I am thankful to my friends Rajesh Setty (for being my guide and mentor), to Lisa Haneberg, Phil Gerbyshak and Utpal Vaishnav (for being such cool friends), ActiveGarage team (for hosting series of my posts on Quality), Nicholas Bate (for his profound insights), Kurt Harden (for his generous mentions) and Michael Wade (Nicholas, Michael and Kurt are awesome threesome).

I am very proud to be a part of a wonderful community of leadership bloggers and am grateful to Dan McCarthy (for his insights and for hosting Leadership Development Carnival), to Mary Jo Asmus, Becky Robinson (be sure to check out her new blog) and Wally Bock.

John Hunter is a passionate improvement expert who shares some profound lessons on management, leadership, lean and Deming. Ivana Sendecka is a remarkable individual who is working really hard shipping inspiration and making a difference. Her blog is an interesting collection of thoughtful questions, experiences and stories that inspire. Thanks to both of them for enlightening and inspiring.

I know that the list is incomplete. It will run into pages if I list everyone who interact/make a difference via their  tweets, blog posts and videos (Just a stat: I have more than 220 amazing blogs in my feed reader)

This blog is a skeleton, a tool. Whatever I write here is flesh and blood. But readers, i.e. you are the soul. So, a BIG THANKS TO YOU for being an ardent reader/supporter of QAspire Blog. I have enjoyed all the interactions with you via my posts, comments and interactions through QAspire Facebook page. You validate me, correct me, inspire me and above all, allow me to be myself.

I wish you all a REMARKABLE 2011!

Focus on Relationships and Tale of Two Leaders

Consider the following tale of two sales leaders who wanted to be successful:

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In his quest to achieve his sales targets, Peter was overly focused on "closing the sale". When in front of a customer, he often focused on what the "next steps" would be. He sold from the mindset of "What all can be sold to this customer out of all my services?" and tried to maximize his sales. He would constantly try to fit his services and convince customer that they really needed it. He believed that sales was all about selling ice cubes in Antarctica! He danced in joy when he closed a sale – and would then focus his energies completely on next sales closure. Peter was successful on a short-term, but his success was often short-lived. He wondered ‘Why?’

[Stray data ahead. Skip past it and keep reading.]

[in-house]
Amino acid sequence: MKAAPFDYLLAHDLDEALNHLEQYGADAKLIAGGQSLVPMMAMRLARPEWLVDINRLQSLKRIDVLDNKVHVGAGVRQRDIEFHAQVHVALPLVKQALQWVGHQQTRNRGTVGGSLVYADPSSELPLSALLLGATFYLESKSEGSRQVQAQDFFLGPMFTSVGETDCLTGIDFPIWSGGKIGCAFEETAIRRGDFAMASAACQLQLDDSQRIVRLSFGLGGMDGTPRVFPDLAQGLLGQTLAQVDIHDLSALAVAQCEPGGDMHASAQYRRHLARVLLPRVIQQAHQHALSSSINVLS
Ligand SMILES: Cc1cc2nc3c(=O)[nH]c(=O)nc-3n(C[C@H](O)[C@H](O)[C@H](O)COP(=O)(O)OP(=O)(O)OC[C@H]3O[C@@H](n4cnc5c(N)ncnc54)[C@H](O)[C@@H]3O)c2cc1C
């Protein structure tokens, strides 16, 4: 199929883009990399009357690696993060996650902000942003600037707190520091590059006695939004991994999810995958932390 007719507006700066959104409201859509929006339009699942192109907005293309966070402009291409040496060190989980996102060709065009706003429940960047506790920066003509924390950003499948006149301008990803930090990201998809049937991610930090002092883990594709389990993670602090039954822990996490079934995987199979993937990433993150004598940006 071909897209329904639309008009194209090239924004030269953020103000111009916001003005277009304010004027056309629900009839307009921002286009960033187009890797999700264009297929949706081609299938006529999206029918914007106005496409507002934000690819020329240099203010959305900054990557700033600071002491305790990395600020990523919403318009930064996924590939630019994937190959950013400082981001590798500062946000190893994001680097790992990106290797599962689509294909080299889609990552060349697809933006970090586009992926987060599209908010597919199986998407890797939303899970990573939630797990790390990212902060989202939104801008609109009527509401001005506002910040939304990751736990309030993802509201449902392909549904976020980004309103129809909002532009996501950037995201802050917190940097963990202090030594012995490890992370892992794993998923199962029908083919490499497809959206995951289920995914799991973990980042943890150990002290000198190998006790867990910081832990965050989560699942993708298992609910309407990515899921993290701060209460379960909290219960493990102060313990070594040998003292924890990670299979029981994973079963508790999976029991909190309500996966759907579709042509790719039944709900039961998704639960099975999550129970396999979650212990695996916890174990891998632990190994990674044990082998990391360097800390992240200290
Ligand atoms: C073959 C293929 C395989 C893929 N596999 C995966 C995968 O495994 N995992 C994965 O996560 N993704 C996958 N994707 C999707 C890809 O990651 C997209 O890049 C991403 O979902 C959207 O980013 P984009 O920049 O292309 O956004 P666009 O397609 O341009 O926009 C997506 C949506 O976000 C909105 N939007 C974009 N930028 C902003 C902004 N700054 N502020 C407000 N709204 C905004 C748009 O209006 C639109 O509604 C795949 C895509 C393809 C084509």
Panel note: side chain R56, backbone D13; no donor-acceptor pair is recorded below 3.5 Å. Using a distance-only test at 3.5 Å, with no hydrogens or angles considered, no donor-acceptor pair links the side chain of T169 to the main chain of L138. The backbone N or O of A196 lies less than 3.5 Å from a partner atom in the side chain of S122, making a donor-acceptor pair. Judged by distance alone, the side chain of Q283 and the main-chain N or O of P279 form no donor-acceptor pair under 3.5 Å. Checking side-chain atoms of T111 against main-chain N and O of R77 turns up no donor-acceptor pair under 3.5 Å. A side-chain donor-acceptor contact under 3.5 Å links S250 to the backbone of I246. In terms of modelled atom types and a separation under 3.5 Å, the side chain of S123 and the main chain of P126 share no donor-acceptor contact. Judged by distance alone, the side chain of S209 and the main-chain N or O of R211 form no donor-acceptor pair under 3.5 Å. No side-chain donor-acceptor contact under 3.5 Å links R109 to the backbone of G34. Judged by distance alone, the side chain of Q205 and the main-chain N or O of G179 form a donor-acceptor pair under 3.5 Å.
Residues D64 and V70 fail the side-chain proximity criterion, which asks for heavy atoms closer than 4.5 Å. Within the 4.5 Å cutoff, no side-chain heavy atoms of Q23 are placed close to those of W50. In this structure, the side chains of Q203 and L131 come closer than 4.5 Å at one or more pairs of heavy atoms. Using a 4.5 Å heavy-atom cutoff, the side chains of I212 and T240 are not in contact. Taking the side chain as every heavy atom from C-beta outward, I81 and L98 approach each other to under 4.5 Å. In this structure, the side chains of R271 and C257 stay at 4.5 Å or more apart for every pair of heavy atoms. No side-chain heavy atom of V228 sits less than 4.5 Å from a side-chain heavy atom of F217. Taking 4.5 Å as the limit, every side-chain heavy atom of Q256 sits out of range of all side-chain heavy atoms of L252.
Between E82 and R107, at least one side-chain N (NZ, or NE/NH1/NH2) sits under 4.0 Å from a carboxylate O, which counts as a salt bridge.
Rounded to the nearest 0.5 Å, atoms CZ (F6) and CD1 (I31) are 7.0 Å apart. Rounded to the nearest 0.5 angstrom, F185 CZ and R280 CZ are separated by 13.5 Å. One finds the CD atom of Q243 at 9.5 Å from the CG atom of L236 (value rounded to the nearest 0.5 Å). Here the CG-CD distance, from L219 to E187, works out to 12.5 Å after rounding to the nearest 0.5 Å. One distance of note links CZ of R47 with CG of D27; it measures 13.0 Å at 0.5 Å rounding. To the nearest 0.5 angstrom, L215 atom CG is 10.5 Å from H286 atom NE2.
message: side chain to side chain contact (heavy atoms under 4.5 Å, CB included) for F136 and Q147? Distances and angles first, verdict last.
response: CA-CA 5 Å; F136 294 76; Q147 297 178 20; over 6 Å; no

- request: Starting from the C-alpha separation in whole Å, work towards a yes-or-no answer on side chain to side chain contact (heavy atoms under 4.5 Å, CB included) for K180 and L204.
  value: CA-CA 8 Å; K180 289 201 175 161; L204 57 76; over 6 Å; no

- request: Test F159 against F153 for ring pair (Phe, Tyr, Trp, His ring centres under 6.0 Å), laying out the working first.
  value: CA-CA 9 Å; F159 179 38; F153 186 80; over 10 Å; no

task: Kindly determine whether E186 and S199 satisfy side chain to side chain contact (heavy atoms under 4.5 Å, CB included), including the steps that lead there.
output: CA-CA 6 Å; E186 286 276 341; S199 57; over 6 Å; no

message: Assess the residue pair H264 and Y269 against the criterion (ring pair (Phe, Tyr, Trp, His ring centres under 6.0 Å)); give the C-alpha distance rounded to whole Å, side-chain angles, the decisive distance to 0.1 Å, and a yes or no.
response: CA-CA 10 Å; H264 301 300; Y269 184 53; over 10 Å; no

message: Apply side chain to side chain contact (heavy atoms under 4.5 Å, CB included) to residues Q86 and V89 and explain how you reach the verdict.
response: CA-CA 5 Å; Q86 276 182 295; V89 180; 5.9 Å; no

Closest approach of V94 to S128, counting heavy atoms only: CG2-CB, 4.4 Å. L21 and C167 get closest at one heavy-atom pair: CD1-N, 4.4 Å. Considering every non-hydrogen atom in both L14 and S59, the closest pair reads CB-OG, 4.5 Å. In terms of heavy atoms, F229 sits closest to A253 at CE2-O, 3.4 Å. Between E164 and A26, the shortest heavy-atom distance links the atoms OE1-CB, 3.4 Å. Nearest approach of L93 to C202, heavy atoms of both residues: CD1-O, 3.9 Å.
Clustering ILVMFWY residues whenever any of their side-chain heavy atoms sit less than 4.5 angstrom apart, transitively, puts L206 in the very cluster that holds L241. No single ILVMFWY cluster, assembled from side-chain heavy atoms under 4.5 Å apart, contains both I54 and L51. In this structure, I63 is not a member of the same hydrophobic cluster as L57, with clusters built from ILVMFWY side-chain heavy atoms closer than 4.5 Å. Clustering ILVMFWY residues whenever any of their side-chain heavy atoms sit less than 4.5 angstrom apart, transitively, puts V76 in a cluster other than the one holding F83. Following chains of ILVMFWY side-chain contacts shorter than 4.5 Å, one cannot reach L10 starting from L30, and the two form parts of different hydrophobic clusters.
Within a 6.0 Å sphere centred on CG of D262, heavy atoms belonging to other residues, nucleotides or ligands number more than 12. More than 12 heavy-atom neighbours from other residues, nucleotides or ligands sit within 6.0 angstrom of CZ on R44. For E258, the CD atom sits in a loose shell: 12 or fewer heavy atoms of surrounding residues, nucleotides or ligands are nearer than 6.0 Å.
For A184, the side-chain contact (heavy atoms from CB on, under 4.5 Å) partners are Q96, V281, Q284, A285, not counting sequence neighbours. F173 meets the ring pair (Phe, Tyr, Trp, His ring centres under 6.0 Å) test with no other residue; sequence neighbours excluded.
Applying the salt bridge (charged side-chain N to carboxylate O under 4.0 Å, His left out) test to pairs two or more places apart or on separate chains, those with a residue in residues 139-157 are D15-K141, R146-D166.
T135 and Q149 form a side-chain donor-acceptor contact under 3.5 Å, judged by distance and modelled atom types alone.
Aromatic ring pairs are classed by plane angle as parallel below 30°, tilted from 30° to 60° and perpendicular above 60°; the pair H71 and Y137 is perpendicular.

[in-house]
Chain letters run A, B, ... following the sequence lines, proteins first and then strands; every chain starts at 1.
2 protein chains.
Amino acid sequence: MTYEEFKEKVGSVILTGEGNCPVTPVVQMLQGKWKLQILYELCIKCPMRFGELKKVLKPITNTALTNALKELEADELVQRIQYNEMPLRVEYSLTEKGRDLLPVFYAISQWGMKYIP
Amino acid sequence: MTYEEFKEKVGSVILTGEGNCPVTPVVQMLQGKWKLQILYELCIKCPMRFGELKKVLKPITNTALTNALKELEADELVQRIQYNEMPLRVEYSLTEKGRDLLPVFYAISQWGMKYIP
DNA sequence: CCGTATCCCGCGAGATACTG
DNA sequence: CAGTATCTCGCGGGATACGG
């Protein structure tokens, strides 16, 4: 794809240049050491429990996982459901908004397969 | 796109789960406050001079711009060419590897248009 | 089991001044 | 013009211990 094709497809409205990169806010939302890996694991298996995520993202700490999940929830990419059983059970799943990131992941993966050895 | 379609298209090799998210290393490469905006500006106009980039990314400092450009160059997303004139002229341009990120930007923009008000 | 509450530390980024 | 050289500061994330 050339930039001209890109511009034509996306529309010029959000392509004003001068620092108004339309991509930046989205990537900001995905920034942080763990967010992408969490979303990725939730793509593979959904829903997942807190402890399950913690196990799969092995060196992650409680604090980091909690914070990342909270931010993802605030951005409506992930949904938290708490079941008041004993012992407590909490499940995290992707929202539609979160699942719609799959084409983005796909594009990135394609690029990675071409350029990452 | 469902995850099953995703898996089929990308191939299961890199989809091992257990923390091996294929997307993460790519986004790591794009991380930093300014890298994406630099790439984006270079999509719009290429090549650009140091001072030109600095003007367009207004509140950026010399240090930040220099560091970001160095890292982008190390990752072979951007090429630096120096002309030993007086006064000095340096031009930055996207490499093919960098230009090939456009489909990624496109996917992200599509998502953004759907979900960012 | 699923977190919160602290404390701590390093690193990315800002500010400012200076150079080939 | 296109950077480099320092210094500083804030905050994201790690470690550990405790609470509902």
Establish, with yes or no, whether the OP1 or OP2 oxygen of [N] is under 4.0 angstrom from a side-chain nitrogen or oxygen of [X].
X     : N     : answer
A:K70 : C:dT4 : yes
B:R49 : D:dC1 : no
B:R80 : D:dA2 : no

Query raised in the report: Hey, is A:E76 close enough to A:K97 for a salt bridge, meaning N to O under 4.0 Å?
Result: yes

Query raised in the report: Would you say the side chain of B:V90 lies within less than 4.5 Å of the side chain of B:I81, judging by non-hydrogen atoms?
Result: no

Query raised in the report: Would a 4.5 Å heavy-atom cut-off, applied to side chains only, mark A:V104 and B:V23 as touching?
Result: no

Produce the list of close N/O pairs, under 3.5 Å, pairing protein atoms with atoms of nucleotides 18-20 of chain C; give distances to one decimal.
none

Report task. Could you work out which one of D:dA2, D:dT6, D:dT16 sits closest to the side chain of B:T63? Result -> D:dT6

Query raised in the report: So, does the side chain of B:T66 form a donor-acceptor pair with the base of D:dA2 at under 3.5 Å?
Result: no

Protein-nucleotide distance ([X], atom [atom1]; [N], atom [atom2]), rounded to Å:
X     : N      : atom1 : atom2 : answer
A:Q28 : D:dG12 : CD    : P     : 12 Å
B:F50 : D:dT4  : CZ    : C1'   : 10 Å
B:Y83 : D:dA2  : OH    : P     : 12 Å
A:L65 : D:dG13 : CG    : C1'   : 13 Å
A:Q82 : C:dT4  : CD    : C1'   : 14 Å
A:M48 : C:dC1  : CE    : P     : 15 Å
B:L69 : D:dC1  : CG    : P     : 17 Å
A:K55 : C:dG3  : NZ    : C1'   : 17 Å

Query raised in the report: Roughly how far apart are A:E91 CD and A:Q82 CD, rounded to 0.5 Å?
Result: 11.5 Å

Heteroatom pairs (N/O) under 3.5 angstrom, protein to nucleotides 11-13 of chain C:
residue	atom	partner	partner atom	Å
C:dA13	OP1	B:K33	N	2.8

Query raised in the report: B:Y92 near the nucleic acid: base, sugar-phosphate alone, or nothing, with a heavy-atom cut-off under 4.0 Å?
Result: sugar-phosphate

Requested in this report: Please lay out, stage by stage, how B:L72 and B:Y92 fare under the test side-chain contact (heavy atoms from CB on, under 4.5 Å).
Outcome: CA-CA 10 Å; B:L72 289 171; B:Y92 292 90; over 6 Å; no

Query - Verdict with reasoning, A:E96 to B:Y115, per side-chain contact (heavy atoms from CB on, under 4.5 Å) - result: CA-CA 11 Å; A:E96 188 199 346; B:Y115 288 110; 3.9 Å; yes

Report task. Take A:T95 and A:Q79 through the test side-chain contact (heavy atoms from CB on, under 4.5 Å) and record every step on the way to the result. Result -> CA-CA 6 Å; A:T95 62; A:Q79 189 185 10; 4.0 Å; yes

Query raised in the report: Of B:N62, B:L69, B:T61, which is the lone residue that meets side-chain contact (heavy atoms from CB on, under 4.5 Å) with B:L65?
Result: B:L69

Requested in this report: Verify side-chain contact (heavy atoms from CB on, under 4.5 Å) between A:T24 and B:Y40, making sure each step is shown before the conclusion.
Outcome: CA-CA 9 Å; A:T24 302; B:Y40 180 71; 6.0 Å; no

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Jack, on the other hand, believed in "building a relationship". When a sale was closed, he considered it as a beginning of a relationship. When in front of a customer, he mostly focused on "understanding/listening" what customer had to say. He sold from the mindset of "What are your problems and how can my services solve them?" and tried to map services with real problems. He believed that sales was all about building relationship through delivery of "value". Without getting overwhelmed (or overjoyed) about the sales closure, he focused his energy to communicate and align people for success. Jack was considered ‘slow’ initially, but he knew he had built a foundation of great relationships for a long term.

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The difference between Peter and Jack was that of the mindset – of purpose and of clarity. Jack knew that business happens and reputation is built only when you solve "real" problems of your customer. For that, first step is to understand and carefully listen. That is the starting point of all relationships. The difference between their mindsets is same as the difference between "hearing" and "listening", between "watching" and "seeing".

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Note: This post is a continuation of my first post “Focus on Effectiveness and Tale of Two Managers” – written on same lines, but with a different message. Check it out if you haven’t read it yet!